Round barrow cemetery on Inkpen Hill


Heritage Category: Scheduled Monument

List Entry Number: 1012919

Date first listed: 26-Aug-1924

Date of most recent amendment: 19-Jun-1991


Ordnance survey map of Round barrow cemetery on Inkpen Hill
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The building or site itself may lie within the boundary of more than one authority.

District: West Berkshire (Unitary Authority)

Parish: Inkpen

National Grid Reference: SU 34970 62042


Legacy Record - This information may be included in the List Entry Details.

Reasons for Designation

Round barrow cemeteries date to the Bronze Age (c.2000-700 BC). They comprise closely-spaced groups of up to 30 round barrows - rubble or earthen mounds covering single or multiple burials. Most cemeteries developed over a considerable period of time, often many centuries, and in some cases acted as a focus for burials as late as the early medieval period. They exhibit considerable diversity of burial rite, plan and form, frequently including several different types of round barrow, occasionally associated with earlier long barrows. Where large scale investigation has been undertaken around them, contemporary or later "flat" burials between the barrow mounds have often been revealed. Round barrow cemeteries occur across most of lowland Britain, with a marked concentration in Wessex. In some cases, they are clustered around other important contemporary monuments such as henges. Often occupying prominent locations, they are a major historic element in the modern landscape, whilst their diversity and their longevity as a monument type provide important information on the variety of beliefs and social organisation amongst early prehistoric communities. They are particularly representative of their period and a substantial proportion of surviving or partly-surviving examples are considered worthy of protection.

The Inkpen Hill Barrow cemetery is of particular importance because, despite partial excavation in 1908, it survives well and has considerable archaeological potential. The barrow group is central to a wider barrow cemetery, dispersed along the crest of Inkpen Hill. Such monuments provide a clear indication of the intensity with which the area was settled during the Bronze Age period.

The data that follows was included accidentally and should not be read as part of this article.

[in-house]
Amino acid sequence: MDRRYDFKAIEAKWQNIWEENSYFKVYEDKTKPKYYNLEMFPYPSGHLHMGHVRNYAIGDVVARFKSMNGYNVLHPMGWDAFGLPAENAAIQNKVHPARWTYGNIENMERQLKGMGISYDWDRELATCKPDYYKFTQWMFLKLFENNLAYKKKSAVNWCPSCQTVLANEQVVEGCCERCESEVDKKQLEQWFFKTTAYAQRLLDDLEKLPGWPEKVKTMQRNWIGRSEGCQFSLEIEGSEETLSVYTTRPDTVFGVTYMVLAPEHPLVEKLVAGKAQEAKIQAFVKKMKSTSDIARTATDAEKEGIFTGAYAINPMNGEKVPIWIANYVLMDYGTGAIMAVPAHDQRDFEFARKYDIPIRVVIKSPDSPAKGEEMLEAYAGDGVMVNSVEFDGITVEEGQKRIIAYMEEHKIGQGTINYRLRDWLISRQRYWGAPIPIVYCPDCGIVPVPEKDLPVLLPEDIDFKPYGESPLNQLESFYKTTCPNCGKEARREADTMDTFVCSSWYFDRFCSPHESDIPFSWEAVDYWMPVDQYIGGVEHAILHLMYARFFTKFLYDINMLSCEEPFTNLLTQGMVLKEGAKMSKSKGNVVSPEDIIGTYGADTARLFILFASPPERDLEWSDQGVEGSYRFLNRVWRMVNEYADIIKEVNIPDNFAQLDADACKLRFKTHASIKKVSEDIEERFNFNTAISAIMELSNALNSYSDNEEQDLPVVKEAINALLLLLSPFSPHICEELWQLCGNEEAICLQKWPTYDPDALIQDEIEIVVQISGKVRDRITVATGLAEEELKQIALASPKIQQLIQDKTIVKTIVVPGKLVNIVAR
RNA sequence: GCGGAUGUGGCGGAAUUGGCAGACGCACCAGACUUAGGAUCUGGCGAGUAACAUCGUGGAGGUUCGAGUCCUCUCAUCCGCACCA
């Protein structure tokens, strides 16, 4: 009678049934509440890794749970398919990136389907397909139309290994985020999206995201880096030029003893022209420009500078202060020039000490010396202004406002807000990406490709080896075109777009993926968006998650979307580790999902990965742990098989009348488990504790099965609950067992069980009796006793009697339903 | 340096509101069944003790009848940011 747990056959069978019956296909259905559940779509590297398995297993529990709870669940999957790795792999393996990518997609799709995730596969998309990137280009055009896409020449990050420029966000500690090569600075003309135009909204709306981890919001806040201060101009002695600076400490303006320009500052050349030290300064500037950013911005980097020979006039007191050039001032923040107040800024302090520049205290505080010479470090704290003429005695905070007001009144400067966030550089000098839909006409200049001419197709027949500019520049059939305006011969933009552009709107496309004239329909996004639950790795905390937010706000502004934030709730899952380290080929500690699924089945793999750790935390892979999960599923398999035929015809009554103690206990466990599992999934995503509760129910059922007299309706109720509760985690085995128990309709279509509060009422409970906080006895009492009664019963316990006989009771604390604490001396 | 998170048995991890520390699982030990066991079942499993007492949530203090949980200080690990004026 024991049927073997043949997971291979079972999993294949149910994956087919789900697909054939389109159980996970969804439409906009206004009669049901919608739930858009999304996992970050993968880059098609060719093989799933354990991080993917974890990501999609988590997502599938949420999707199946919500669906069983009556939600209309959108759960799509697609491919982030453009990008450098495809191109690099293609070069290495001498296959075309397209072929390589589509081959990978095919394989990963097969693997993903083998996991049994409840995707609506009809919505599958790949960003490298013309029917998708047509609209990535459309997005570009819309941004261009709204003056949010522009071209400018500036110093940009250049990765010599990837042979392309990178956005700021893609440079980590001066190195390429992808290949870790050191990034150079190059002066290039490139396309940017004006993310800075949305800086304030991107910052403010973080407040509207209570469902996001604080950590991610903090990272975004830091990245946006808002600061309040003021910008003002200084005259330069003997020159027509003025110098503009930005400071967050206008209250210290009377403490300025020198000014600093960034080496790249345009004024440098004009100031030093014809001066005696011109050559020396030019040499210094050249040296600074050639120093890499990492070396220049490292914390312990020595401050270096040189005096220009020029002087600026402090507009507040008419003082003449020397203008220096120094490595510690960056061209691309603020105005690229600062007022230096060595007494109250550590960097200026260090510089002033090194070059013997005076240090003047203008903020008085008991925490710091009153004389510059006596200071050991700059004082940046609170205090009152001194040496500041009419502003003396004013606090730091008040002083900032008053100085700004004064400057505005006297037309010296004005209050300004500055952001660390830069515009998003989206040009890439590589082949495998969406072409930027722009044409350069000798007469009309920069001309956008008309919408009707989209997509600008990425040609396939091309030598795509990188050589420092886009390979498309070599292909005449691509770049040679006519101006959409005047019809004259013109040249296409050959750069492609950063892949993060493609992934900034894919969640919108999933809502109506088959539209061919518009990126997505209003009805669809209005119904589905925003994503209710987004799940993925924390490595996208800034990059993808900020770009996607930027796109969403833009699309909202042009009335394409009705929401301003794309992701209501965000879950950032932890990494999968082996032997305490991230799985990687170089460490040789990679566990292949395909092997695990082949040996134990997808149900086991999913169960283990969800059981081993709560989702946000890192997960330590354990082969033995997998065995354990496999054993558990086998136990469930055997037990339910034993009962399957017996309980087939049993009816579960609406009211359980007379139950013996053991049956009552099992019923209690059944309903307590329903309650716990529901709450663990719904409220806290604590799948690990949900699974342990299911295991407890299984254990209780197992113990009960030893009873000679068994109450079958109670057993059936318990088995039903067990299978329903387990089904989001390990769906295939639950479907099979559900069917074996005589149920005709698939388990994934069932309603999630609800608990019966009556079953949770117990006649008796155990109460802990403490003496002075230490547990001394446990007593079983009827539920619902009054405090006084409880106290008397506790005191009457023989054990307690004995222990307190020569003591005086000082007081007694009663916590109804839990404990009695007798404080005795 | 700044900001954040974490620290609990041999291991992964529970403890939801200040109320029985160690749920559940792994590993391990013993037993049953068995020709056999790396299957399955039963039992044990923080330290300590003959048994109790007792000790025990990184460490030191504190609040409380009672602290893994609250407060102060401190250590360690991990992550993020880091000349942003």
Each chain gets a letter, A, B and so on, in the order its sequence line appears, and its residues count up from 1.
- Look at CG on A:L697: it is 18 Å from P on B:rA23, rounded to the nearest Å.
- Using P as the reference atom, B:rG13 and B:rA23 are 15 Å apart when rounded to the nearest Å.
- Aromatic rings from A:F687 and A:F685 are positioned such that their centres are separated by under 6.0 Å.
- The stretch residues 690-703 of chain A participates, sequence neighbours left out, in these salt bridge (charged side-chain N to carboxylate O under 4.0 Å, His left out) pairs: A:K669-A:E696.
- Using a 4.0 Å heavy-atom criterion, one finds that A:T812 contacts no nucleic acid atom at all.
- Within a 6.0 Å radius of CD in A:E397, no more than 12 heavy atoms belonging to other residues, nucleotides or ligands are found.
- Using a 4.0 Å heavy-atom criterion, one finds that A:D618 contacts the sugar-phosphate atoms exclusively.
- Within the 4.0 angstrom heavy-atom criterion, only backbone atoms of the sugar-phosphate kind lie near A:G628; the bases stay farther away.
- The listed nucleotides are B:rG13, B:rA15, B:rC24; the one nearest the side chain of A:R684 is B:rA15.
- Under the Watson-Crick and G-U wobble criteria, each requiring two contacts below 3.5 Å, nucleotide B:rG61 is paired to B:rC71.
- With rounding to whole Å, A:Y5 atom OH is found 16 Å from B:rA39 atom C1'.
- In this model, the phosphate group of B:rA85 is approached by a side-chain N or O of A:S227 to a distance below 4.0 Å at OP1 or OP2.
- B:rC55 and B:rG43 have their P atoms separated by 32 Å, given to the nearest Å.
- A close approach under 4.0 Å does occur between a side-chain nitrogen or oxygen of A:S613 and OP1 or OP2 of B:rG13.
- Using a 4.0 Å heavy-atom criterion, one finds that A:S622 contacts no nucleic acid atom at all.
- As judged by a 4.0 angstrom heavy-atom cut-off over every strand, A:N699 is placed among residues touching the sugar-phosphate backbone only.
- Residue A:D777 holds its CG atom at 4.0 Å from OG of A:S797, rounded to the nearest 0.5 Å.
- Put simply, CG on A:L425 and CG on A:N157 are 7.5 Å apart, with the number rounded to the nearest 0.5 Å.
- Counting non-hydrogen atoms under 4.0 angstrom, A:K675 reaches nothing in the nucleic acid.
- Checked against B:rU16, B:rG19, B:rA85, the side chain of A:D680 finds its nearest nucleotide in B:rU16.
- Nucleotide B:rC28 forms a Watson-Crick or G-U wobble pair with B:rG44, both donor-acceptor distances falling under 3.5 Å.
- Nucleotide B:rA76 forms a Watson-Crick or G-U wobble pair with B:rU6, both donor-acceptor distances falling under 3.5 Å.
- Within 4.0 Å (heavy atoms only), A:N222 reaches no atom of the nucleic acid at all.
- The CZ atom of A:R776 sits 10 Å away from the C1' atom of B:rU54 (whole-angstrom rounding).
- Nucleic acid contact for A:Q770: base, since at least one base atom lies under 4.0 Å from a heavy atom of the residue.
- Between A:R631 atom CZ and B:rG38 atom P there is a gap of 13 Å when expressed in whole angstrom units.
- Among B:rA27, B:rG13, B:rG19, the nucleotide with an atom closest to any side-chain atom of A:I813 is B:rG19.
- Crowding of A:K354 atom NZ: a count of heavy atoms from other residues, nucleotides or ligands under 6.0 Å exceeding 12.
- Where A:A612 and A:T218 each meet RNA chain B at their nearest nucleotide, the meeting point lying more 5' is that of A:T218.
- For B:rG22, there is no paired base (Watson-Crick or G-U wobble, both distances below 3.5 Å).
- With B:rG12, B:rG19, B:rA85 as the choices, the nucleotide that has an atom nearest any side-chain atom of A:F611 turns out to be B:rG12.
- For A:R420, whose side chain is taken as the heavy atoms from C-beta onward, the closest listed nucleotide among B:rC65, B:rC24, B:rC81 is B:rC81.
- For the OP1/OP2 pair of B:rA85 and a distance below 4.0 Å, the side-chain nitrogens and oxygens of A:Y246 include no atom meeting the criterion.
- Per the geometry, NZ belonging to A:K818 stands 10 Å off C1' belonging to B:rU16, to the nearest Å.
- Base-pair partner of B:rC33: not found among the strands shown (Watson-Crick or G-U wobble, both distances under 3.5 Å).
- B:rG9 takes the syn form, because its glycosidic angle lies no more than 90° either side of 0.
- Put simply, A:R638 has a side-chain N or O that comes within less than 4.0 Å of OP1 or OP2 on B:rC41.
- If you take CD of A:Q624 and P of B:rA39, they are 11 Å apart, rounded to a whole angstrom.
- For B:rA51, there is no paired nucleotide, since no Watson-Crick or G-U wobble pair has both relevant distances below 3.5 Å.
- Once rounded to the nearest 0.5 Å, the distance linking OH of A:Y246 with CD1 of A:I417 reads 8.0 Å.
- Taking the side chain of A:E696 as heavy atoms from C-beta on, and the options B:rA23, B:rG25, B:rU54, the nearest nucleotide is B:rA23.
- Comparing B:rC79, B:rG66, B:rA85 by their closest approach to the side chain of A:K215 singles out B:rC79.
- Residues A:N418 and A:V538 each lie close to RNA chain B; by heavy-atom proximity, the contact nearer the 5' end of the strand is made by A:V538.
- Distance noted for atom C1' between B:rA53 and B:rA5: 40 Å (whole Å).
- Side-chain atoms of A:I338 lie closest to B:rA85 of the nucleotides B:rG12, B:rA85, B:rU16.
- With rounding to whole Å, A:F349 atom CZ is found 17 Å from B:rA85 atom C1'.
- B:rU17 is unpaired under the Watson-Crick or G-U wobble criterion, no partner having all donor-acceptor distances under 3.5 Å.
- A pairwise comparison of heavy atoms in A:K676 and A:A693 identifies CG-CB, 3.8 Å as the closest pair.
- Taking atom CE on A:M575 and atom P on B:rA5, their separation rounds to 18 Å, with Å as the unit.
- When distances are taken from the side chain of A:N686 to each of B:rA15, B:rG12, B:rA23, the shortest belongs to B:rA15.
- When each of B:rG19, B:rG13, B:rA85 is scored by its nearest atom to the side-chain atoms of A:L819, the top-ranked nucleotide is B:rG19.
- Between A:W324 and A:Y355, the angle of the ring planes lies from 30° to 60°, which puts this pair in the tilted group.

Legacy Record - This information may be included in the List Entry Details.


The monument includes three contiguous bowl barrows orientated east-west and set below the crest of a steep north-facing escarpment. The western barrow mound is 9m across and stands to a height of 1m. Surrounding it is a ditch from which the mound material was quarried. This is visible to the south-east as a low earthwork 4m wide and 0.4m deep, and survives elsewhere as a buried feature. The central mound has a diameter of 13m and a height of 1.5m. The ditch is visible as an earthwork, 4m wide and 0.3m deep, to the south of the mound and survives as a buried feature elsewhere. The eastern barrow has a diameter of 10m and is 1m high. The ditch abuts that of the central barrow mound but is visible to the north, south and east to a depth of 0.5m and a width of 4m. All the mounds were partially excavated in 1908. Finds included two cremation burials and a selection of artefacts including pottery and flint tools.

MAP EXTRACT The site of the monument is shown on the attached map extract. It includes a 2 metre boundary around the archaeological features, considered to be essential for the monument's support and preservation.


The contents of this record have been generated from a legacy data system.

Legacy System number: 12070

Legacy System: RSM


(Newbury Museum Acc No 1909/117b),
Newbury Museum Acc No 0.4.357, Crawford, O G S,

End of official listing